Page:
• Lets not pass the scheduler instance to the poller. I think it only needs the number of map slots and reduce slots. We can pass just that much. We've seen in the past that passing entire objects like the scheduler makes testing classes difficult. Also, not all information is required.

          JobTracker:

          • When a job is killed, we are not clearing reserved trackers for this job.
          • Likewise, when a TT is blacklisted do we need to remove the reservations ?
          • It seems like the changes in JobTracker can be reduced a little if we do not change APIs that are passed a TTstatus object or a tasktracker name. We can still change the maps to be built of TaskTracker objects, but retrieve the status wherever necessary and pass it to methods. This way the changes may be fewer and easier to verify. For e.g. I think this is possible in the ExpireTrackers class.

          Some nits:

          • In some places, formatting more than 80 characters in a line. (E.g. mapreduce.TaskTracker.java)
          • There are lot of LOG.info statements, possibly to enable testing / debugging. Can you please remove these ?
          • Fallow seems a complicated word to understand. Is 'Reserved' good enough ?

          Will continue with the review...

          Show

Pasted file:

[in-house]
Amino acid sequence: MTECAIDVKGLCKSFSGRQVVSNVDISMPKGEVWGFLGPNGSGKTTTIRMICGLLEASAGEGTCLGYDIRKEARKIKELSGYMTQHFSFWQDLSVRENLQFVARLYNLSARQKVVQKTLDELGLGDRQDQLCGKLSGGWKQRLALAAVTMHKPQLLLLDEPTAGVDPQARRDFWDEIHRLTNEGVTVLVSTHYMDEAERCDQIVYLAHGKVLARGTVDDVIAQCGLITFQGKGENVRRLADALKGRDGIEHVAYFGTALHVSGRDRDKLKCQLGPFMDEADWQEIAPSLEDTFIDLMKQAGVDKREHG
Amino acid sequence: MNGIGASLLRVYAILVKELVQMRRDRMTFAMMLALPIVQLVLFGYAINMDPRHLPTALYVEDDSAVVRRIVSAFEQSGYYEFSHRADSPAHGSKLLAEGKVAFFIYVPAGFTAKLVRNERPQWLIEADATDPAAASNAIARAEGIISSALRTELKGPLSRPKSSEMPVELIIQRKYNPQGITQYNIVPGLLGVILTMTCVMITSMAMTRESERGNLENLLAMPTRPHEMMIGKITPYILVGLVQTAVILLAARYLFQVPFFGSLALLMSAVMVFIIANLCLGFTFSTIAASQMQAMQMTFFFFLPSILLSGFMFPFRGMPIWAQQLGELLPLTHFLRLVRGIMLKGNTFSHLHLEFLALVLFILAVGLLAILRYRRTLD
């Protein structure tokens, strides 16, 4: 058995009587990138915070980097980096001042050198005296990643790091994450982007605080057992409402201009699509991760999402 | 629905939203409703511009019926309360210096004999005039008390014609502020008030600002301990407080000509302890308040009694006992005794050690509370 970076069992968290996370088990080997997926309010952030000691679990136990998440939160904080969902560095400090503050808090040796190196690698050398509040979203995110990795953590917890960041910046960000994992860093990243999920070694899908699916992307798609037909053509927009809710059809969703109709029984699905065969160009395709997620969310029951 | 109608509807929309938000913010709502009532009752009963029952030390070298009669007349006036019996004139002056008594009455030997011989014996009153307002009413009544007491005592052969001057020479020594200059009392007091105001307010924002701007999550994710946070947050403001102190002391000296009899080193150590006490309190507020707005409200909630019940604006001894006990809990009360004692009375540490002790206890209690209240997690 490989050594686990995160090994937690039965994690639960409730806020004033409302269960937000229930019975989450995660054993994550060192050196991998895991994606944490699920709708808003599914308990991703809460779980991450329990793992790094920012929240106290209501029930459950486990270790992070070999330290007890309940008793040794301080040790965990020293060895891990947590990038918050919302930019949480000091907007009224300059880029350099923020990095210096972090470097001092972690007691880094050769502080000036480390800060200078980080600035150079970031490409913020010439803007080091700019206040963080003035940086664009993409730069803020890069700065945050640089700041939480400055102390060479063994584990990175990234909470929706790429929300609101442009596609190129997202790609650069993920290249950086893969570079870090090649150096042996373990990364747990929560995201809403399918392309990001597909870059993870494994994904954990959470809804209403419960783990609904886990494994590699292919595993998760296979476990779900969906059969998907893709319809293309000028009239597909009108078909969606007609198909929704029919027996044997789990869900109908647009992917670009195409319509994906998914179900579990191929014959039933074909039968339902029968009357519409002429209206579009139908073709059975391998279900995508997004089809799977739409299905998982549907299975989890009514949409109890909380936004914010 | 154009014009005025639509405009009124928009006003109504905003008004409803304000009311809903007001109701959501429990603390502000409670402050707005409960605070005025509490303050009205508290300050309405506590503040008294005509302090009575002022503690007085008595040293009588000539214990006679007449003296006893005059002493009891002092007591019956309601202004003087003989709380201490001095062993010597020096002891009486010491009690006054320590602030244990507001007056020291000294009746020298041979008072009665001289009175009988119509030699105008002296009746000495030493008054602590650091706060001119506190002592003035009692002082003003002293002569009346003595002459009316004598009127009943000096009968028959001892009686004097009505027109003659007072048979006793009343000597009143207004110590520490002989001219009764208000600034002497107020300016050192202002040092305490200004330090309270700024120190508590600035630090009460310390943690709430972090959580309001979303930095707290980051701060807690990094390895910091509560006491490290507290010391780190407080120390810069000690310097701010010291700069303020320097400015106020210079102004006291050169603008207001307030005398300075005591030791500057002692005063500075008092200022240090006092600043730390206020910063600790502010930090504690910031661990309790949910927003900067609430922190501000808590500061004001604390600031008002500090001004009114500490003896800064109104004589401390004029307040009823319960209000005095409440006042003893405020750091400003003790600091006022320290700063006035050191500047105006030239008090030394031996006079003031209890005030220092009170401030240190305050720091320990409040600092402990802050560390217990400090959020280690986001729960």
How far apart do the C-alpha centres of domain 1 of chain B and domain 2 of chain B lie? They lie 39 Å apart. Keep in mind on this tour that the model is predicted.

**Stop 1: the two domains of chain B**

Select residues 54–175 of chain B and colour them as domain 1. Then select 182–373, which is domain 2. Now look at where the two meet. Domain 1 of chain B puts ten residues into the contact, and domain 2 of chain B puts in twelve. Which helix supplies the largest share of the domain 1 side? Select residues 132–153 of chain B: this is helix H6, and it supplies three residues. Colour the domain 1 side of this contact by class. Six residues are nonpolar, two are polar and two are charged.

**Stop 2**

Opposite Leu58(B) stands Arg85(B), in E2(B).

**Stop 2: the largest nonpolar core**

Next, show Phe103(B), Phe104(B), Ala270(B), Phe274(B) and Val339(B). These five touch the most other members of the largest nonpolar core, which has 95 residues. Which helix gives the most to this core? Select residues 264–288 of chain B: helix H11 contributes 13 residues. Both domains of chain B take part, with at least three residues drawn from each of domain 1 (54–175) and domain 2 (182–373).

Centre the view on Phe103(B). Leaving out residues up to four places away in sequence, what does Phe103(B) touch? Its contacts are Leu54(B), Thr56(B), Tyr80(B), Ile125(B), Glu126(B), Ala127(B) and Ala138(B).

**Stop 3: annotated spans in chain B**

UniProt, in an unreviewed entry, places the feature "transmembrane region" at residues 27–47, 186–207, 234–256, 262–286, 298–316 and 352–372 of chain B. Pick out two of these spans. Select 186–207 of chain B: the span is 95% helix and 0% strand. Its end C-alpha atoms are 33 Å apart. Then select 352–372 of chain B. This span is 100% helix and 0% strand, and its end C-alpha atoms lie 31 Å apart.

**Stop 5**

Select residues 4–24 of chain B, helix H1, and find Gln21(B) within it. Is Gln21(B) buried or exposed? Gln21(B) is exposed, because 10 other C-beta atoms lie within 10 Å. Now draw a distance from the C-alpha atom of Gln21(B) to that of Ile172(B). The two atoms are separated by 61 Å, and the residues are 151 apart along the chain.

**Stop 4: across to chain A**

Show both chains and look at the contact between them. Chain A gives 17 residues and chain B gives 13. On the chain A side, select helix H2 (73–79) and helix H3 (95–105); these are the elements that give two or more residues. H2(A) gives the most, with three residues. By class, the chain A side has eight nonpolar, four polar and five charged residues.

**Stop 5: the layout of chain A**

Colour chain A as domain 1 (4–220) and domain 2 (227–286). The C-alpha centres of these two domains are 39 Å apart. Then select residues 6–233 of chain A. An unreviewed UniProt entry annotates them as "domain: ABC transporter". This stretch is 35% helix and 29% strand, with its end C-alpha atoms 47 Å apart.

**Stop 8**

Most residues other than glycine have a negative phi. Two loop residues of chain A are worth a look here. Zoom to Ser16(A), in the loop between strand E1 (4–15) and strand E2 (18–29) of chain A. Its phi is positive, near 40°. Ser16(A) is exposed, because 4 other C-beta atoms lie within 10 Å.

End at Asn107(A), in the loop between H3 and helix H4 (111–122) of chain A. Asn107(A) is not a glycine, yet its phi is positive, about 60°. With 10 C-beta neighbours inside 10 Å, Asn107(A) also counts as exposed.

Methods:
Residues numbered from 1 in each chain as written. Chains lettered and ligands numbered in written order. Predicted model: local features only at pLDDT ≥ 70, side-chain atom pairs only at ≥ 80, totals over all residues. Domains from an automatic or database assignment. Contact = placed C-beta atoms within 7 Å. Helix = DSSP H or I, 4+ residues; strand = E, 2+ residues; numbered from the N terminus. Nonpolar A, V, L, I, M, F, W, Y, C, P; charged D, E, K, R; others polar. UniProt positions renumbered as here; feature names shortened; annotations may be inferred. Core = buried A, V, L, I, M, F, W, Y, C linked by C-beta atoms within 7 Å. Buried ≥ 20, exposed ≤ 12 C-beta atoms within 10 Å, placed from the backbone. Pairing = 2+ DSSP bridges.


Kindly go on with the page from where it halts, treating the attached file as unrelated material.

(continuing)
Hemanth Yamijala added a comment - I am looking at this patch as comprising of three separate parts: Changes to the scheduler for fixing the under utilization problem in the face of high RAM jobs The new TaskTracker class, its lifecycle and changes in JobTracker to support this. The changes on the old TaskTracker class to account for number of slots. I've currently done the first and partly the second part. Some comments so far: TaskTrackerStatus: countOccupiedMapSlots: the check for whether a task is running, based on it's status, seems complicated enough to move to an API that can be called from both countMapTasks and this API. This way, any changes to it will cause the right behavior for both APIs. Likewise, for reduces. mapreduce.TaskTracker: reserveSlots: java doc refers to reserving on 'map' slots. Why do we need to maintain a count of slots reserved (numFallowMapSlots). I see that the accessor API is not used anywhere. CapacityTaskScheduler: Why are we reserving available slots on the tasktracker. Shouldn't we always be reserving only how much this job requires ? In that case, do we need a re-reservation ? When we try to get a task for a job ignoring user limits (i.e. if the cluster is free), we are not reserving TTs. Is this by design ? Also, is it for the same reason that we are not checking for user limits when assigning a task to a reserved TT ? JobConf: Since computeNumSlotsPerMap is used only by CapacityScheduler right now, should we just leave this computation out of JobConf ? JobInitializationPoller: Lets not pass the scheduler instance to the poller. I think it only needs the number of map slots and reduce slots. We can pass just that much. We've seen in the past that passing entire objects like the scheduler makes testing classes difficult. Also, not all information is required. JobTracker: When a job is killed, we are not clearing reserved trackers for this job. Likewise, when a TT is blacklisted do we need to remove the reservations ? It seems like the changes in JobTracker can be reduced a little if we do not change APIs that are passed a TTstatus object or a tasktracker name. We can still change the maps to be built of TaskTracker objects, but retrieve the status wherever necessary and pass it to methods. This way the changes may be fewer and easier to verify. For e.g. I think this is possible in the ExpireTrackers class. Some nits: In some places, formatting more than 80 characters in a line. (E.g. mapreduce.TaskTracker.java) There are lot of LOG.info statements, possibly to enable testing / debugging. Can you please remove these ? Fallow seems a complicated word to understand. Is 'Reserved' good enough ? Will continue with the review...